How the Injection Works
In my last contraceptive article, I discussed the correct way to take the pill. In this article I’m focusing on the contraceptive injection (or injection birth control) and how it works. The injection is a birth control option for anyone wanting to prevent pregnancy. Unlike the pill, you don’t have to constantly remember it (you just have to make sure you get it when it’s time) but there are things that you need to keep in mind Choma.
About the Injection
The injection is a shot that contains a female hormone called progestin (which is an artificial form of progesterone, the hormone produced naturally by the body). You’re usually given the shot in your arm or buttocks. The shot works by releasing the progestin hormone which prevents an egg being released from your ovaries each month, thereby preventing pregnancy (since no egg is released for the sperm to fertilise).
There are two types of injection birth control that you might be given at a clinic Choma. One is called Depo Provera (DMPA) and the other is Nur-Isterate (NET-EN). They are both said to be equally effective, which is 99% effective if taken properly.
Depo Provera is a shot that needs to be taken every three months while Nur-Isterate needs to be taken every two months.
Depo Provera does seem to be the most popular form of injection birth control Choma but your healthcare provider will be able to explain which injection shot you are getting.
Benefits of the injection
- There are various reasons why someone would choose to take the injection over other forms of contraceptives Choma. For one, you only need to take it once every two or three months (depending on which one you take).
- You don’t have to worry about taking a pill every day.
- It’s more private since you don’t have to take a pill or anything visible. You just get a shot and you’re done.
- It’s free to get at the clinic.
- It’s not usually affected by other medicines.
- It can help reduce painful, heavy periods and can also help with PMS symptoms
- The injection can help by protecting you from pelvic inflammatory disease and can also help protect you against cancer in the womb.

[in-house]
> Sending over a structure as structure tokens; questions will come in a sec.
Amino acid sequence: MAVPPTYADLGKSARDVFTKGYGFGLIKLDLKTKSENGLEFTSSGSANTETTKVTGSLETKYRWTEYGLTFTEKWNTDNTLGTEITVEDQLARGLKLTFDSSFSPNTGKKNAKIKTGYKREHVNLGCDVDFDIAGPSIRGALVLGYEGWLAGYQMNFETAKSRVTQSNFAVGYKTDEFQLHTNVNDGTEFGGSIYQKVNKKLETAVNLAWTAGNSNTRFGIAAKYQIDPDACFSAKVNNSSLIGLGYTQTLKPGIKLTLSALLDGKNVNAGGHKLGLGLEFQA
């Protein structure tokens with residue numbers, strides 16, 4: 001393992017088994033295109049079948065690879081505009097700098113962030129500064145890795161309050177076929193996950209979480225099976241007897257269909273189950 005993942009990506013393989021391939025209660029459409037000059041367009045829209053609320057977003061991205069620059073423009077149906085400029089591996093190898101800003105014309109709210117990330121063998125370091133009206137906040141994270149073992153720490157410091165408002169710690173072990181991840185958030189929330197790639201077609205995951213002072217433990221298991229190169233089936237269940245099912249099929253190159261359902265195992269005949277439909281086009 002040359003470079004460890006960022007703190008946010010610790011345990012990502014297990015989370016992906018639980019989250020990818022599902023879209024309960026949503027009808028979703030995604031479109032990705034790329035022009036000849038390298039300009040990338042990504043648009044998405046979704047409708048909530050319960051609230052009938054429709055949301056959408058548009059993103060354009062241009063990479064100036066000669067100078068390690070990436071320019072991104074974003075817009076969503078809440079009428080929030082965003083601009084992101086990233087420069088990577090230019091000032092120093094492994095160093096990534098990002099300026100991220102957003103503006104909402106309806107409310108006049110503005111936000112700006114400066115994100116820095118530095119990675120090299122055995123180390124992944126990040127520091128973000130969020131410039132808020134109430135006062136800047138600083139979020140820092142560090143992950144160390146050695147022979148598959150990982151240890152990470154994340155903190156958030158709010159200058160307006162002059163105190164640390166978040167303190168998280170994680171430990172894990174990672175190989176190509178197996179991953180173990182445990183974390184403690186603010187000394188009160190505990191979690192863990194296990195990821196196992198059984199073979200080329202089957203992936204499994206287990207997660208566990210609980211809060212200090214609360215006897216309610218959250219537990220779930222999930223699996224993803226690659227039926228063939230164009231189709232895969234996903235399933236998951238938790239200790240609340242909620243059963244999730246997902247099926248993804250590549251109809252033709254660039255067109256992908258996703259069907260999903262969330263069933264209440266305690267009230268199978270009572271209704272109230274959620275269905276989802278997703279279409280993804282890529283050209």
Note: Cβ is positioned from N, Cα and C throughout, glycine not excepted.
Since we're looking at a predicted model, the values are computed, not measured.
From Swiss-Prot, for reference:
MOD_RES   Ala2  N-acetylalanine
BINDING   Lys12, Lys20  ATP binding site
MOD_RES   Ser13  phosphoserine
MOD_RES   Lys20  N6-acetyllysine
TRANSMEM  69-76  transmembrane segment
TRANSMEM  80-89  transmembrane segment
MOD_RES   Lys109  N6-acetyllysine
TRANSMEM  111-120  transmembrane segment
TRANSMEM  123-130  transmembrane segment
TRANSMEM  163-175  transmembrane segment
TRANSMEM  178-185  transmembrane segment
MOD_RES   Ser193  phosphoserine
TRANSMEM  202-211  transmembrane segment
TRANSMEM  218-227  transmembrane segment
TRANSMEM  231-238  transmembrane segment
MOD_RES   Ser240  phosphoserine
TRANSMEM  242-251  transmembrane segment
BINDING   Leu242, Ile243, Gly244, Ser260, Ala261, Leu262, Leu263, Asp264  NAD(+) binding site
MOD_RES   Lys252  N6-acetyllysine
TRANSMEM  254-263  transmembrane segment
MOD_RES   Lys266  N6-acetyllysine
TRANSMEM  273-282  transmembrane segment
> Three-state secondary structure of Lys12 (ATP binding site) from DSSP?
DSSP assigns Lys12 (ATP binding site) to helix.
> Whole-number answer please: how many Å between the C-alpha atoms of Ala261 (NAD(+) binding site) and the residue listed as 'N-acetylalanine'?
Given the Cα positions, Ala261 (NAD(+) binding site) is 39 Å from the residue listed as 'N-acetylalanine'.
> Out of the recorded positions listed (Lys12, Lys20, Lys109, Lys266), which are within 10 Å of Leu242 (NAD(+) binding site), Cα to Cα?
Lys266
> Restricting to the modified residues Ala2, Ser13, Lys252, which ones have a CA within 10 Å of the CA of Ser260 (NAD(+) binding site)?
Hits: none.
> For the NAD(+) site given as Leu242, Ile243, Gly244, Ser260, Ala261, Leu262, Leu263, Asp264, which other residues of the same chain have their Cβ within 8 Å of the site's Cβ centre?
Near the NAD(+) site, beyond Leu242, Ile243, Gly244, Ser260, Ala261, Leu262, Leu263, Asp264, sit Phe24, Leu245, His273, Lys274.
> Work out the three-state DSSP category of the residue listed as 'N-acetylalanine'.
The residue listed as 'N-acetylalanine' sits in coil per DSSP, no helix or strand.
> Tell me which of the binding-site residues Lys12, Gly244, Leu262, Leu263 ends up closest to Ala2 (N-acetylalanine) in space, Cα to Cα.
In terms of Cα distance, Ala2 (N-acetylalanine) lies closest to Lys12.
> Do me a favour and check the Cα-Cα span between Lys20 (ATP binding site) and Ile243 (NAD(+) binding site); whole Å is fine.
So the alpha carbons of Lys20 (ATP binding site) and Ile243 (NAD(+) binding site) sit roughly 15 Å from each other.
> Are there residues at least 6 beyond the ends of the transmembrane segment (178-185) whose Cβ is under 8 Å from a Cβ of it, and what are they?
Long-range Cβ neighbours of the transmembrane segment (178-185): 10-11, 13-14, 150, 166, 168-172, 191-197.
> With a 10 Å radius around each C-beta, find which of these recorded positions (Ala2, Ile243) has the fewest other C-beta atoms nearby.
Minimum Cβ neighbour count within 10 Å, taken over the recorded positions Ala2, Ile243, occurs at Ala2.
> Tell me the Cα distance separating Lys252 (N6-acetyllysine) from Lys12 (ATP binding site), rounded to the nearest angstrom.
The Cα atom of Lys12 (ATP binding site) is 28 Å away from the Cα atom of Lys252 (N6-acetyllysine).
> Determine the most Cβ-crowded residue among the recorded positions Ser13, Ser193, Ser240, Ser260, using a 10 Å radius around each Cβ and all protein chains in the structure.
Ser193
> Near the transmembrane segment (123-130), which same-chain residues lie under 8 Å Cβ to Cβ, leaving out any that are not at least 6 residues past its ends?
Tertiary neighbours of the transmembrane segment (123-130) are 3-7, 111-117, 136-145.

Some disadvantages of the injection
You have to remember to go for your re-injection on time. With the pill, for example, you would know that you need to take it every day. With the injection however, there is a chance that you would forget because the time between your injections is much longer (2-3 months). So make sure that you set a reminder for your injection appointments Choma.
Some women might experience side effects such as slight weight gain. If you’re concerned about this, speak to your healthcare provider who would be able to advise you on a healthy diet and exercise to avoid gaining weight.
Some women might also experience heavier and irregular periods in the beginning (for about the first 6 to 9 months). They might then stop getting their periods altogether. This is not something that you should usually worry about Choma because it’s not harmful. However, if you are very concerned, speak to your healthcare provider.
It doesn’t prevent Sexually Transmitted Infections (STIs). However, this is the case with most contraceptives apart from condoms. That’s why it’s always recommended that you double up Choma - in other words use a hormonal contraceptive such as the injection or the pill, but also ALWAYS use a condom to ensure that you’re protected from STIs.
Do you have more questions about the injection or any other contraceptive Choma? Remember that you can contact me here on Ask Choma, send me a Facebook Message, a Twitter DM, or a WhatsApp Message (071 172 3657).
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